GREEN BAY (NBC 26) — U.S. Congressman Mike Gallagher, who represents Wisconsin's 8th congressional district, announced that he will not run for re-election in November.
In his eight years in Congress, Gallagher gained influence in the Republican Party as a top national security expert, serving as the chair of the high-profile Select Committee on the Chinese Communist Party. This position made him the youngest committee chair in recent history.
This unexpected decision to step down comes as Gallagher is at the height of his political career.
“I've always had in mind a more balanced career where I would do stints of service in the public sector, and then return to the private sector," Gallagher said. "My wife and I want to continue to grow our family and that has to take priority for me."
But Gallagher declined to say for certain whether his next “stint” in the public sector would include a run for governor.
“That is definitely not on my radar right now at all,” Gallagher said. “I'm not ruling out anything in the future. I know I'll always have a passion for public service and for the state of Wisconsin, but I have absolutely zero plans right now to run for office in the future. I just haven't ruled anything out.”
The congressman said he has not yet decided what his private sector plans might be.
“I don't have it figured out just now,” Gallagher said. “I still, you know, there's still a lot left in the 118th Congress and, you know, I'm gonna focus on doing my day job. And actually not having to focus on re-election allows me to focus 100% on my day job.”
During his career, Gallagher has often been a more moderate voice in the GOP, and has at times been at odds with his party.
Just this week, he voted against impeaching Homeland Security Secretary Alejando Mayorkas. He said the public’s response to that vote didn’t influence his decision to not seek re-election.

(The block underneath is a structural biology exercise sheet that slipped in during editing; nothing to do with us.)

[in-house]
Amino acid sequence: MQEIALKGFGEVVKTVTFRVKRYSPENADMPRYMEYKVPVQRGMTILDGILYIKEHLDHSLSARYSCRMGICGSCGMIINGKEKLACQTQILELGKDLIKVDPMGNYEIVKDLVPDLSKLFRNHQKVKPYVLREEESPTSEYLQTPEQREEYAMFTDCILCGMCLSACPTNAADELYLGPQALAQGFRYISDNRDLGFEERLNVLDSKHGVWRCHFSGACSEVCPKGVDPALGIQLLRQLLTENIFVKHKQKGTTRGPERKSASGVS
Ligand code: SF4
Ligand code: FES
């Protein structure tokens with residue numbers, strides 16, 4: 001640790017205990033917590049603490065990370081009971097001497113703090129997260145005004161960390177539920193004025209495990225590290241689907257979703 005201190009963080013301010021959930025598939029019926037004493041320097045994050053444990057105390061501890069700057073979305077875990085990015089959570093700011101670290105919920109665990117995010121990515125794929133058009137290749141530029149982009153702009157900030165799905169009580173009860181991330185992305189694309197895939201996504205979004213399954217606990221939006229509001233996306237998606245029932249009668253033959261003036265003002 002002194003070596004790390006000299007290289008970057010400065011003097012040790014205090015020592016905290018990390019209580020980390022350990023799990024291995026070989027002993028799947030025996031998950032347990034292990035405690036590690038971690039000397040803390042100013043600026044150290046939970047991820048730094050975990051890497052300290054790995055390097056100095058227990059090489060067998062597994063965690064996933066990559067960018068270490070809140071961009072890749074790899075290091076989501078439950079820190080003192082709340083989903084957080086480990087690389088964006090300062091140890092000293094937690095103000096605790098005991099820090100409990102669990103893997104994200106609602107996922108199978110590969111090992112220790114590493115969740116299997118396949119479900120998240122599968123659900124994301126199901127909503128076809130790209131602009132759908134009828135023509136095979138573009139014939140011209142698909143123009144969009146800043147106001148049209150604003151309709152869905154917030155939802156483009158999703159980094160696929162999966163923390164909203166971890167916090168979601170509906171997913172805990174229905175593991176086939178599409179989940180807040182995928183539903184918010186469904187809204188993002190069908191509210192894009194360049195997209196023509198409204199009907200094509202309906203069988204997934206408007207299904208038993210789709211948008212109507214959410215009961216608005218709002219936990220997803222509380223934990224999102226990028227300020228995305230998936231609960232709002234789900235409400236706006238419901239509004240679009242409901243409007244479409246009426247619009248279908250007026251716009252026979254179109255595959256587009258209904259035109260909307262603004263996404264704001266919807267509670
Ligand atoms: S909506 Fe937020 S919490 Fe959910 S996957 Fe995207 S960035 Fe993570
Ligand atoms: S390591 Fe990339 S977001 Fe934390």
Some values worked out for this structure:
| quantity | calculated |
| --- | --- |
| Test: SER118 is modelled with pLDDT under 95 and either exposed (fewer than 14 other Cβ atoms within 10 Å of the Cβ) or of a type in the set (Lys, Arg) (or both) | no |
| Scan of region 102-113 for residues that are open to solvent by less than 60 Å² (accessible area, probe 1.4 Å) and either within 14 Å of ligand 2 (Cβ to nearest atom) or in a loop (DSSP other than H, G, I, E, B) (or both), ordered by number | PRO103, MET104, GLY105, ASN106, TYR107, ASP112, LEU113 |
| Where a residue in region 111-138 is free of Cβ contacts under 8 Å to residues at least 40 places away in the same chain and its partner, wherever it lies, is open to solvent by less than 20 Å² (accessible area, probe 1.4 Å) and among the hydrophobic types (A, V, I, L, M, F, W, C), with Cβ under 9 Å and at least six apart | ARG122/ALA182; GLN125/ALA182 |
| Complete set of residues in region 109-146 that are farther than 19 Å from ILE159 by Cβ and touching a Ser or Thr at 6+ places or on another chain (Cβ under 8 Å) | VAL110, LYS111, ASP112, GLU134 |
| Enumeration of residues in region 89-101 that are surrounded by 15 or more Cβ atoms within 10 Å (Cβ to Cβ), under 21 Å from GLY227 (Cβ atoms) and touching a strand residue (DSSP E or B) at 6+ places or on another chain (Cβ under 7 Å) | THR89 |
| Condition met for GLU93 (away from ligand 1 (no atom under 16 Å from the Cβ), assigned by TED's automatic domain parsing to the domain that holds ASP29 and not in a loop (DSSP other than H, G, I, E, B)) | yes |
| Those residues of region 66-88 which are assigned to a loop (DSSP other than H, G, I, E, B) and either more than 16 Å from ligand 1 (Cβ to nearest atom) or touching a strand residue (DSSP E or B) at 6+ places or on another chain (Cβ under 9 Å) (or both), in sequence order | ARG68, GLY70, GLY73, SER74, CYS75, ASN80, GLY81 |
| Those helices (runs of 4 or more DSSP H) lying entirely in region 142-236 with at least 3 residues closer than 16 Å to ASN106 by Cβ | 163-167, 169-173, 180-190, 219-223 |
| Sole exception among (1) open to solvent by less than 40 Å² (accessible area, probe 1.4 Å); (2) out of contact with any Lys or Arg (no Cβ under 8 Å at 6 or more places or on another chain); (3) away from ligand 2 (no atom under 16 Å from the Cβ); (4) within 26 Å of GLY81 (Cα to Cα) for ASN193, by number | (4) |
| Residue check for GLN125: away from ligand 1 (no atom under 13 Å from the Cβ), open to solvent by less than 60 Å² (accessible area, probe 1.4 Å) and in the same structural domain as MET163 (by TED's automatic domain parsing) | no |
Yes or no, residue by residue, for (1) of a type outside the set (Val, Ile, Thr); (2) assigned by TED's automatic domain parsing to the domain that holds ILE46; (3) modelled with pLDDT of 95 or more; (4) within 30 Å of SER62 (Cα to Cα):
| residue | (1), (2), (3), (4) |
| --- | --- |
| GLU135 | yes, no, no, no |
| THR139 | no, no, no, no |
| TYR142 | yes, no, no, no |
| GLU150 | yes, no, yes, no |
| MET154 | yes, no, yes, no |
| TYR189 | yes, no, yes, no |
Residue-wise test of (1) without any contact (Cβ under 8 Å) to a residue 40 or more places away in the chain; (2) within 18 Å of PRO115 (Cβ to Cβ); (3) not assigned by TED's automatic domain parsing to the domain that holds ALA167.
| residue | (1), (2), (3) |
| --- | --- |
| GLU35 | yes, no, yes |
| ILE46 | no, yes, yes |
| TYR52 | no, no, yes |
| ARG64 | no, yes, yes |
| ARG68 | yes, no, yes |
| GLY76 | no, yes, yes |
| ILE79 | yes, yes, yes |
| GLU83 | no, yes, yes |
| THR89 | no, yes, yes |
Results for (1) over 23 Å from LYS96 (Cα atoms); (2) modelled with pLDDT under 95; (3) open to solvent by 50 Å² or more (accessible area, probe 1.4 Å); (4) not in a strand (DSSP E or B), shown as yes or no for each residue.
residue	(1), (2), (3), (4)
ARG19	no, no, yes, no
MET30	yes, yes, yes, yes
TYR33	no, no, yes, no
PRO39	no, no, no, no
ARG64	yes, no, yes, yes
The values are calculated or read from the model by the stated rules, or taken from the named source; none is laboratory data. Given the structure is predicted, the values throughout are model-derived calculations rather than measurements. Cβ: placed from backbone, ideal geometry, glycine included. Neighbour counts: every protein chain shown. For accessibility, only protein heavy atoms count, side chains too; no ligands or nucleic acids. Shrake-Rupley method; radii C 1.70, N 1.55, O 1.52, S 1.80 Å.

“I've been through this at least twice before; and it was way worse when, for example, I didn't object to the election last time and was vocally critical of the president for his behavior on January 6,” Gallagher said. “There's some other high-profile votes where I've gone against the grain of the party. I sort of feel like providing an independent voice thank you for myself because it's something essential.”
Gallagher leaves Congress as Donald Trump, who he has criticized in the past, is emerging as the party's presumptive nominee.
He described his opinions on the current state of the Republican Party.
“I think there are certain things that unite us,” Gallagher said. “For example, on issues I focus most closely on, on the threat posed by China, I think there's a lot of agreement. Now there's other areas where there's disagreement. There's disagreements over, you know, whether and how much aid to provide to Ukraine. . . I actually think it’s a feature, not a bug of the party, if we allow for honest and open debate and different viewpoints on issues while still being firmly committed to conservative principles.”
Just hours after Gallagher's announcement, Roger Roth, a former state senator from Appleton, announced on X that he'll be running for Gallagher's seat.